BackArts & Culture » Young Saigoneers Encapsulate the Charm of Ben Thanh Market in Mini Wooden Model

Young Saigoneers Encapsulate the Charm of Ben Thanh Market in Mini Wooden Model

There’s no doubt that Saigon is a charming city. From internationally produced films such as The Quiet American to colorful art projects by local illustrators, the city’s landmarks seem to be popular muses for artists, auteurs and photographers to fashion exquisite creative works. Similarly, through their project Millimet, three young Saigoneers married local architectural icons with pieces of wood to create whimsical miniature models.

The trio in question comprises schoolmates Phuong, Linh and Ky, who became friends while studying at the International University. Although the three are self-proclaimed strangers to the technical aspects of art and design, they have managed to distill their initial ideas into a tangible product that pays respect to Ben Thanh Market’s original design.

Saigoneers who are passionate about model buildings are probably no stranger to miniature versions of European architectural icons such as Paris’ Eiffel Tower or the mesmerizing Neuschwanstein Castle in Germany's Bavaria. However, over the years, many may have also noticed a regrettable lack of Vietnamese representation in the collection of model buildings available in the local market.

This was the key contributing factor that propelled Millimet into taking action.

“For me, it all started when one time, I was trying to find a souvenir for a foreign friend, but I couldn’t find anything representing Vietnam that’s both sophisticated and meaningful,” Linh tells Saigoneer in Vietnamese.

For Phuong, it was less about seeking the perfect gift and more about showcasing the variety and beauty of local heritage buildings. One memorable encounter with international friends involved her informing them that she was from Vietnam, and them asking: “Oh really? Do you have cities in Vietnam?”

“In their perception, Vietnam is an agricultural society. So when you say ‘Vietnam,’ for some, it conjures up images of you always being in the field in the countryside,” Phuong explains. “So I thought to myself: Why don’t we create products that can illustrate to our foreign friends what Vietnam’s building and architecture look like?”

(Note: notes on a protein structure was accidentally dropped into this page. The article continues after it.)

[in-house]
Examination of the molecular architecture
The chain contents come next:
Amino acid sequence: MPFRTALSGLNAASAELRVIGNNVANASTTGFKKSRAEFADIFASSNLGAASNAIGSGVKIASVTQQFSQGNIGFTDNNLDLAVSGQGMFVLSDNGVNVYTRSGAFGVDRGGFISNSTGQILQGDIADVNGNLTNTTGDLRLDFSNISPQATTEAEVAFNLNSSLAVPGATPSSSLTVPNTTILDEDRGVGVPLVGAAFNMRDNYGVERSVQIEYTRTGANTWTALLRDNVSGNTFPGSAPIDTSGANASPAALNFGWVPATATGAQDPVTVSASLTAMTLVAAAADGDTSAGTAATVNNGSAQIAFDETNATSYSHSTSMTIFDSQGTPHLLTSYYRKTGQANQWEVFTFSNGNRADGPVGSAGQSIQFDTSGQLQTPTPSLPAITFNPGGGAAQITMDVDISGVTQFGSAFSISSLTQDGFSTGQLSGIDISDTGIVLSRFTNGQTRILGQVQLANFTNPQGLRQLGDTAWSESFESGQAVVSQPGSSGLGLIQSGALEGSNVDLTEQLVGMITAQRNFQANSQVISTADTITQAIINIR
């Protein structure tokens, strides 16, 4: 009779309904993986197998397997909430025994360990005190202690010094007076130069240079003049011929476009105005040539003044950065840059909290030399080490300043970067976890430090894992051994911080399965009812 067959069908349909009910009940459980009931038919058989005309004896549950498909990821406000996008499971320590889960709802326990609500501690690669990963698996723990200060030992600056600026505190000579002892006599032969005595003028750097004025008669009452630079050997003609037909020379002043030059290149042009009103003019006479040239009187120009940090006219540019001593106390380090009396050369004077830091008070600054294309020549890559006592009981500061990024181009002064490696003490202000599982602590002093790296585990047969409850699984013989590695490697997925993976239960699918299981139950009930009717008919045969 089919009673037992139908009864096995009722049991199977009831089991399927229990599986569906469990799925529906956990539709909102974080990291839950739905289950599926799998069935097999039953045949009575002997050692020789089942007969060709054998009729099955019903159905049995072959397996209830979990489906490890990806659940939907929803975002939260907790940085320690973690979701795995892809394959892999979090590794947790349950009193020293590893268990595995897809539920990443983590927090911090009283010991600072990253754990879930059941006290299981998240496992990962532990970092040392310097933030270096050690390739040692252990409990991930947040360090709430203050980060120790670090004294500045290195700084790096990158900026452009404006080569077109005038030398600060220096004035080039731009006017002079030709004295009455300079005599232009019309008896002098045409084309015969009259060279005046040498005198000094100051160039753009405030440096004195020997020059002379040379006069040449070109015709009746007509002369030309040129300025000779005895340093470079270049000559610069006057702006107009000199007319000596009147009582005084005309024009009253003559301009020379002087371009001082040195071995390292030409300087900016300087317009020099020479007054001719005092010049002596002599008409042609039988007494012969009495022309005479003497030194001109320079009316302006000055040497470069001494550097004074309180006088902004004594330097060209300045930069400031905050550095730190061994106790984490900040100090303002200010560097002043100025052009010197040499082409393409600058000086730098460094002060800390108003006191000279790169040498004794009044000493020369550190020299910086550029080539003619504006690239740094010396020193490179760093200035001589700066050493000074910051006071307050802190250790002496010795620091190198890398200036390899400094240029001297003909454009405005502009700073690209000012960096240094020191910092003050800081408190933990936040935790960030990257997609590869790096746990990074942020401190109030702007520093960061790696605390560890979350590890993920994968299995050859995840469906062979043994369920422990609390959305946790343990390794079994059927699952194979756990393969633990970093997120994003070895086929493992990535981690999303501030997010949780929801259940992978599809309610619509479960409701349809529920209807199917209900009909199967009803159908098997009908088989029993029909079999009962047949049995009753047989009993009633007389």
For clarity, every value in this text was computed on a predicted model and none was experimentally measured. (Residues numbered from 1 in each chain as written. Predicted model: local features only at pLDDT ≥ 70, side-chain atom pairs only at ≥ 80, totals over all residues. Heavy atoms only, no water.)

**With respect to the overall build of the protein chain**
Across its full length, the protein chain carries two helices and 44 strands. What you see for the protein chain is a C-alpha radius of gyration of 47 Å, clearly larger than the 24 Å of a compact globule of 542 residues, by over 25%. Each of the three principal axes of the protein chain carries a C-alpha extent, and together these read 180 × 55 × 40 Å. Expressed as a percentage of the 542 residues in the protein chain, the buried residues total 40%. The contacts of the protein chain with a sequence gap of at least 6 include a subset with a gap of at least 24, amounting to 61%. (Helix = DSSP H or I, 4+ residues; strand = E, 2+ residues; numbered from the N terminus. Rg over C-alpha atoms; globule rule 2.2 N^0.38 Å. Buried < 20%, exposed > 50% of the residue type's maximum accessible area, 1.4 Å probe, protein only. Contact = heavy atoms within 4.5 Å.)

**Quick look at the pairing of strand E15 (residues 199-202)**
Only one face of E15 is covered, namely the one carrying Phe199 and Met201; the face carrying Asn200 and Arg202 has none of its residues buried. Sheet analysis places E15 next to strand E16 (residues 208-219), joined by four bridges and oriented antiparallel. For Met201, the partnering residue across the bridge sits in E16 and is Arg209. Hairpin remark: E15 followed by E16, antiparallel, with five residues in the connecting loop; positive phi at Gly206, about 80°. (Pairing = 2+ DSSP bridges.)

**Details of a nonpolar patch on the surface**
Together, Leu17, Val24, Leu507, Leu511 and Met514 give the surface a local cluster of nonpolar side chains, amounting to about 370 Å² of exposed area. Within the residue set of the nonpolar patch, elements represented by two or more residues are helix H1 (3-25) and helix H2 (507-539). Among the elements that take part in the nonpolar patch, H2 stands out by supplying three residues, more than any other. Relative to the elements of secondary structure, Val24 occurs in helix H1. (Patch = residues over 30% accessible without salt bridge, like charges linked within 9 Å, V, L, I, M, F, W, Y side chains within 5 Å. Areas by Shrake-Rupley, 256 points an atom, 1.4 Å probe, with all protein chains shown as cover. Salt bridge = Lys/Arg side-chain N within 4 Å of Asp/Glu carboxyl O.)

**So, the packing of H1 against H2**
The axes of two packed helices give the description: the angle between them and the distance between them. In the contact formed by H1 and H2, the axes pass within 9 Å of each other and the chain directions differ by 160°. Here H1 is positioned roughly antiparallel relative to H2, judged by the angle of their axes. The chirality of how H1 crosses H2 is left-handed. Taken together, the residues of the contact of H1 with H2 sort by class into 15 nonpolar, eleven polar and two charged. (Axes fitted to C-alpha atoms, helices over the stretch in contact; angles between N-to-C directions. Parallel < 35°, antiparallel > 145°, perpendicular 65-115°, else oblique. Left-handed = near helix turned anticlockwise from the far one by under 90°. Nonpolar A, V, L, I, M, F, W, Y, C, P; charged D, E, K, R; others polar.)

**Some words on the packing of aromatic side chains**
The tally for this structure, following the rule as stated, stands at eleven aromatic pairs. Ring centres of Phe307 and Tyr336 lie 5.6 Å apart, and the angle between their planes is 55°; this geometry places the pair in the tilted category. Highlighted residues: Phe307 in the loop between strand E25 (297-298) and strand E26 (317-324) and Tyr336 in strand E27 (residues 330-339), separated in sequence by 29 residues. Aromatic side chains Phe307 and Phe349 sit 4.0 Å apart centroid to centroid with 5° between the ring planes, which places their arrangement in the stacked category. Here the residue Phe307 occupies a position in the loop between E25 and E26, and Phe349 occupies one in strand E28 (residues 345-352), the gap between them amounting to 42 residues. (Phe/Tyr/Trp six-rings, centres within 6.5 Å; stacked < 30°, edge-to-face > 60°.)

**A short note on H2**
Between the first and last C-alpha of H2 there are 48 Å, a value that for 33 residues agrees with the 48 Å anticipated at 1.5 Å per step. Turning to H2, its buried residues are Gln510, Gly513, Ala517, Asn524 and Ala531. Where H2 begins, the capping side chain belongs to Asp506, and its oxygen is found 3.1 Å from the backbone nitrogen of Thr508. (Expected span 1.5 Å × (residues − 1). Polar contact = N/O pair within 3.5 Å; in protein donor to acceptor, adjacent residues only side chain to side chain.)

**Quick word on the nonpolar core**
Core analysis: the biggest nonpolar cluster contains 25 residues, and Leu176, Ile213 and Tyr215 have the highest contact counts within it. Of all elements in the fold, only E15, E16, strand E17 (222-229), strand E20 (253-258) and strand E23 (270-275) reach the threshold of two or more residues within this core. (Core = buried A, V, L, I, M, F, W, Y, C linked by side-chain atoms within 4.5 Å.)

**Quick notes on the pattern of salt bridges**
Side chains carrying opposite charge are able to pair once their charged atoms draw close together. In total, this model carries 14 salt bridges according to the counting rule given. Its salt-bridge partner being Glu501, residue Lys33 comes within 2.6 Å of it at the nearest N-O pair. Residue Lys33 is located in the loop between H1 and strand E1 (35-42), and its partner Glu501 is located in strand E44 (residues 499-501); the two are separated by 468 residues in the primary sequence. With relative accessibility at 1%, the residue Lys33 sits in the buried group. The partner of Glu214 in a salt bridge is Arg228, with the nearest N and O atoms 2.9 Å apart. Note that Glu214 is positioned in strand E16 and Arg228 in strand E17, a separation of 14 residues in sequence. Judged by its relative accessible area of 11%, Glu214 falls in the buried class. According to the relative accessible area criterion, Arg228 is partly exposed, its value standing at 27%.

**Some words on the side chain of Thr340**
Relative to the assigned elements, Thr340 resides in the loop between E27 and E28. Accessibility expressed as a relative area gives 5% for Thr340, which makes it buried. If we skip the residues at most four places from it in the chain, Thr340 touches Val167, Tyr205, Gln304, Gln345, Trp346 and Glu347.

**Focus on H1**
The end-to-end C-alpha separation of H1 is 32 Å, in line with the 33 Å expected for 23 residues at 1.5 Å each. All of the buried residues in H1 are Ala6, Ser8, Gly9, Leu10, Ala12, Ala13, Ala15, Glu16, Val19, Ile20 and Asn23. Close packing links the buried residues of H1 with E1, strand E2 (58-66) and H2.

That was in 2015. After two years of tinkering with their main idea, the trio has come a long way since they first sat down to piece together a plan to actualize the project.

The first step was to recruit designers who could help execute their vision.

“We started looking for partners who can support our idea. When we explained our idea to them, they felt that the project was cool,” Phuong reminisces. “And many of our friends introduced us to a few acquaintances in architectural design.”

They quickly learned that creating an arts and crafts product from scratch is no cakewalk. It took the team six months to arrive at the final prototype, and there were hiccups along the way.

In reality, models of Ben Thanh Market have been made in the past, either as model-making practice by architectural students or as a centerpiece for tourist attractions. However, Millimet felt that most of these exampled tended to skim on details and only feature the iconic market’s main entrance, while the trio wished to keep their version as faithful to the real building as possible.

“Even during our meetings with the designers, they also suggested that we focus only on the entrance,” Phuong shares. “They said that as far as the market is concerned, the entrance is the most well-known and beautiful part of the structure. It’s very easy to polish the design [if it’s only the entrance arch].”

Ultimately, Millimet opted to go with their first instinct, which was to stick to the complete layout of the market and resize it 250 times smaller than the actual structure.

When asked why the team picked Ben Thanh Market as their first model, their answer came as if it was obvious: “Because we’re all Saigoneers. We all share an affection for Ho Chi Minh City, and in this city, the first thing that comes to mind as a symbol is the Ben Thanh Market.”

A partially finished version of the model. Photos by Anh H.

Now that Millimet has managed to iron out the details surrounding their very first product for public purchase, their only plan is to go bigger. Phuong and Linh shared that at the moment they’ve already finished a second model for another iconic Saigon landmark and are deliberating on the third. Their grand plan is to fill a map of Saigon with wooden models of famous structures.

“But it’s not the end, because our dream is to create models that are representative of each of the country’s localities,” Phuong added.

From left to right: Linh, Ky and Phuong.

Millimet’s model of Saigon’s Ben Thanh Market can be purchased through their official Facebook page or via tiki for VND575,000.

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